Acne is characterized by inflammation of the hair follicles and sebaceous glands, often on the face. The production of acne is due to an excess production of keratin (skin cells) and a hormonal related excess production of sebum by sebaceous glands. This results in a blockage of the hair follicle, leading to an environment that supports the growth of Propionibacterium acnes, acne-causing bacteria.
Hormonal acne is often due to an overproduction of androgens (testosterone and DHT) which result in an excess production of sebum. Additionally, some people notice acne flare-ups are worse when they eat certain foods, such as dairy which can contribute to more insulin production or inflammation.
There are many contributing factors to acne. It is important to get to the bottom of the underlying cause of your acne – whether it be related to hormones, food, your environment, skincare etc. This process can take time, and topical skincare products or prescriptions can be helpful in the meantime. Other helpful lifestyle factors may uinclude:
Limiting dairy, refined carbohydrates and refined sugars – Dairy is a very common trigger for acne as it can be inflammatory. Additionally, sugars from refined carbohydrates or sweeteners can promote inflammation and increase sebum production by spiking insulin. Pay attention to how your skin reacts to what you consume, and try to eliminate any foods you may feel are contributing to breakouts.
Stay Hydrated – our skin is our body’s first defense against our environment. When we are dehydrated, the natural moisture barrier of our skin is compromised and allows microbes to invade. This can result in inflammation, which may aggravate acne. Additionally, water helps to flush toxins from our body and supports the functioning of every organ.
Change Your Pillow Case Frequently – dead skin cells build up on our linens when we sleep, so by keeping your pillow case clean you can prevent bacteria from transferring to your skin and contributing to breakouts. Change your pillow case every 2 days, and flip it in between.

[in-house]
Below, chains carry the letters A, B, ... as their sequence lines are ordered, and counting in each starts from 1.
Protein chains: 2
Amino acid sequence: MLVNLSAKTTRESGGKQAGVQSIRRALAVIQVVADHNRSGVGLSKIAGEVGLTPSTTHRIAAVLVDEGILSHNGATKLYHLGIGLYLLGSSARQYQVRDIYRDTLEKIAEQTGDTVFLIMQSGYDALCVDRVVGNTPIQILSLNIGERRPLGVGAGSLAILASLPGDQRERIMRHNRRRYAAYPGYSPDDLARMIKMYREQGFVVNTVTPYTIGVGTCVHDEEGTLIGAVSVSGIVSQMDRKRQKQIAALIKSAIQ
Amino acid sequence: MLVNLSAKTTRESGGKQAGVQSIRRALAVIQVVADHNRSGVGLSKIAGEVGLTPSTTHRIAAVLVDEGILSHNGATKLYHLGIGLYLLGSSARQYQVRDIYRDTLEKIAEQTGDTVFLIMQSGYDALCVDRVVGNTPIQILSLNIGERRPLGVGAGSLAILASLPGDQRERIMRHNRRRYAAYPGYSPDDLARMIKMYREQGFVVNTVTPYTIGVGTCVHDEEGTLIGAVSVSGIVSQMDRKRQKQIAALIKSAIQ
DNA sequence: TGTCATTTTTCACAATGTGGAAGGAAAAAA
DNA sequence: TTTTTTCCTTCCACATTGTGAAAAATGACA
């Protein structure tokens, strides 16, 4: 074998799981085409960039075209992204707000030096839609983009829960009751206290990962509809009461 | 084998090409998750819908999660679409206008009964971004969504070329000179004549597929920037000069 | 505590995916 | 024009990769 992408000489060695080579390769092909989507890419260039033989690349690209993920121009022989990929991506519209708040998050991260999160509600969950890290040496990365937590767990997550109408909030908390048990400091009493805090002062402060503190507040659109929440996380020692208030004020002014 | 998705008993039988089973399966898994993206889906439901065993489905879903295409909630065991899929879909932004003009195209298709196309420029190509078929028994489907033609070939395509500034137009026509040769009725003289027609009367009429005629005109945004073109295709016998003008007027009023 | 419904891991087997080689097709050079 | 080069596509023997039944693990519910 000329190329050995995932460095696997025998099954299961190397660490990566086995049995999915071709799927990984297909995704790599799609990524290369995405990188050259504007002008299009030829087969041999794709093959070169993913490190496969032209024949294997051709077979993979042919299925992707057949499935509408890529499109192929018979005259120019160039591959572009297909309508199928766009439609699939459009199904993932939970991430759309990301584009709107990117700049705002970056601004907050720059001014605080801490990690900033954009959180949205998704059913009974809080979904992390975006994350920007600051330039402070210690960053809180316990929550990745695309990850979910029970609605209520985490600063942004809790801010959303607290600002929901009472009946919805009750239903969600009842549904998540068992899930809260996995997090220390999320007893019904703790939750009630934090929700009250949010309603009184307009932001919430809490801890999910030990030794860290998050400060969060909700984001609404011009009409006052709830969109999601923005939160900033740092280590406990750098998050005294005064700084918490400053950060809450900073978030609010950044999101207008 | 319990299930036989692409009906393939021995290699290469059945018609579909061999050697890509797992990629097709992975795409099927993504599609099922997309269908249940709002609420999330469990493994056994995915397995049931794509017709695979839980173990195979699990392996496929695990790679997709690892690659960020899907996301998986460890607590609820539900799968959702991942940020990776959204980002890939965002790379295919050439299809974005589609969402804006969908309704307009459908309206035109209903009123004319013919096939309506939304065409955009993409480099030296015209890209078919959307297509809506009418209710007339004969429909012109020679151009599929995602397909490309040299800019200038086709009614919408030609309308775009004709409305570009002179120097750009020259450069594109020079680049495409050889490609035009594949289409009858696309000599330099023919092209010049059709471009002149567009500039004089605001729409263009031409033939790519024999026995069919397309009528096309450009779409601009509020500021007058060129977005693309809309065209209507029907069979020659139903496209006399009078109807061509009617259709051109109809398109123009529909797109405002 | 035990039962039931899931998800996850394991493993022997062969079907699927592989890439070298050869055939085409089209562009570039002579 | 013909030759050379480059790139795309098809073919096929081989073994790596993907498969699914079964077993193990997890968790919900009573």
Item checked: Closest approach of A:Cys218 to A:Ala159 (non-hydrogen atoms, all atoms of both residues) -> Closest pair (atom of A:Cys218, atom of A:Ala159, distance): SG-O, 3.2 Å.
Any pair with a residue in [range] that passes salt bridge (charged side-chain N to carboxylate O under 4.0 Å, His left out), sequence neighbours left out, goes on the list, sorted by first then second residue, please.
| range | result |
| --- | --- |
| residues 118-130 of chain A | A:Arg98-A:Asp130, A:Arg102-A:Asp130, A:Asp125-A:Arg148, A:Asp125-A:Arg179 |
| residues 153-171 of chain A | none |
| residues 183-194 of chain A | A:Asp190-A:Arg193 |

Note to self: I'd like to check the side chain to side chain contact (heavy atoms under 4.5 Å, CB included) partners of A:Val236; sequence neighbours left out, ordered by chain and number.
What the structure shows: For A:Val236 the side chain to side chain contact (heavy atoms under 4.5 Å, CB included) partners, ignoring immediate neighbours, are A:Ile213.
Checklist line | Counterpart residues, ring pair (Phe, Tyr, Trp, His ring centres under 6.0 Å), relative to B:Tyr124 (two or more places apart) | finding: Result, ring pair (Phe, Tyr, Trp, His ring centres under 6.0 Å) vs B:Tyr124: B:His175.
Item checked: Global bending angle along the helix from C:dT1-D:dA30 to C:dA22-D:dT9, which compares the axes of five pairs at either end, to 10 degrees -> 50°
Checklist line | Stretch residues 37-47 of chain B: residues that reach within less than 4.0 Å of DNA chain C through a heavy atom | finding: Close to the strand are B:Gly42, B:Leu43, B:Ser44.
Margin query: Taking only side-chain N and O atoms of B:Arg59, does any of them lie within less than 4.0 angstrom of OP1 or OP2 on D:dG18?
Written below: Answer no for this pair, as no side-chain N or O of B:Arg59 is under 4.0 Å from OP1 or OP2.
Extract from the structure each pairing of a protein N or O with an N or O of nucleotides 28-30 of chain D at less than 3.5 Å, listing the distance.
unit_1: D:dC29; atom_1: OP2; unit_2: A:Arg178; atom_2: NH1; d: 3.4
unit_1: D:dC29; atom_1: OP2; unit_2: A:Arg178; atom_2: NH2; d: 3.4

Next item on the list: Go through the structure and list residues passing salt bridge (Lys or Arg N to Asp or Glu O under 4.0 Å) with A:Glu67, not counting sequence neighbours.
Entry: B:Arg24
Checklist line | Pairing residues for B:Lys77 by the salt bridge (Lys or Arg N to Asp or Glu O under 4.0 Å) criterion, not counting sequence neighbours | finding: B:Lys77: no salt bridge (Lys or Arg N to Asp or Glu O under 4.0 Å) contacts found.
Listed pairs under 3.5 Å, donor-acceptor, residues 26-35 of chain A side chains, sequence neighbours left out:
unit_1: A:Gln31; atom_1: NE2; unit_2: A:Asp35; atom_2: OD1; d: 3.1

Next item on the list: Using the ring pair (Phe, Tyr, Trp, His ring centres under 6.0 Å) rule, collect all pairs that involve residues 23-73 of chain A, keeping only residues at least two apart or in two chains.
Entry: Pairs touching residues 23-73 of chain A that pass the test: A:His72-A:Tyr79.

Wash Your Face Twice Daily – Washing your face morning and night is good practice. Make sure to use a face wash that is suited to your skin type, and aim for one that is free of chemicals such as parabens and phthalates that can cause endocrine disruption. Before washing your face at night it is important to remove your makeup for a deeper clean – also NEVER go to bed with makeup on, as this is the time when your skin cells turnover and regenerate.
Wash Make-up Brushes Regularly – this is just as important as washing your face, because bacteria builds up on our makeup brushes too. Use your face cleanser to wash brushes every few weeks.
Manage stress – stress can contribute to acne by increasing sebum production and creating hormonal imbalances due to the upregulation of stress hormones. Try to find time to relax and do what you love a few times per week.
Supplements – there are many supplements that can help with acne. It is important to talk to your naturopathic doctor to figure out which supplements may be supportive for you as an individual.
Acne is a condition that we manage. You may never completely cure your acne, but knowing your triggers can be helpful on your journey to more clear skin. Blood testing and a thorough intake with a naturopathic doctor or dermatologist is the best way to achieve this.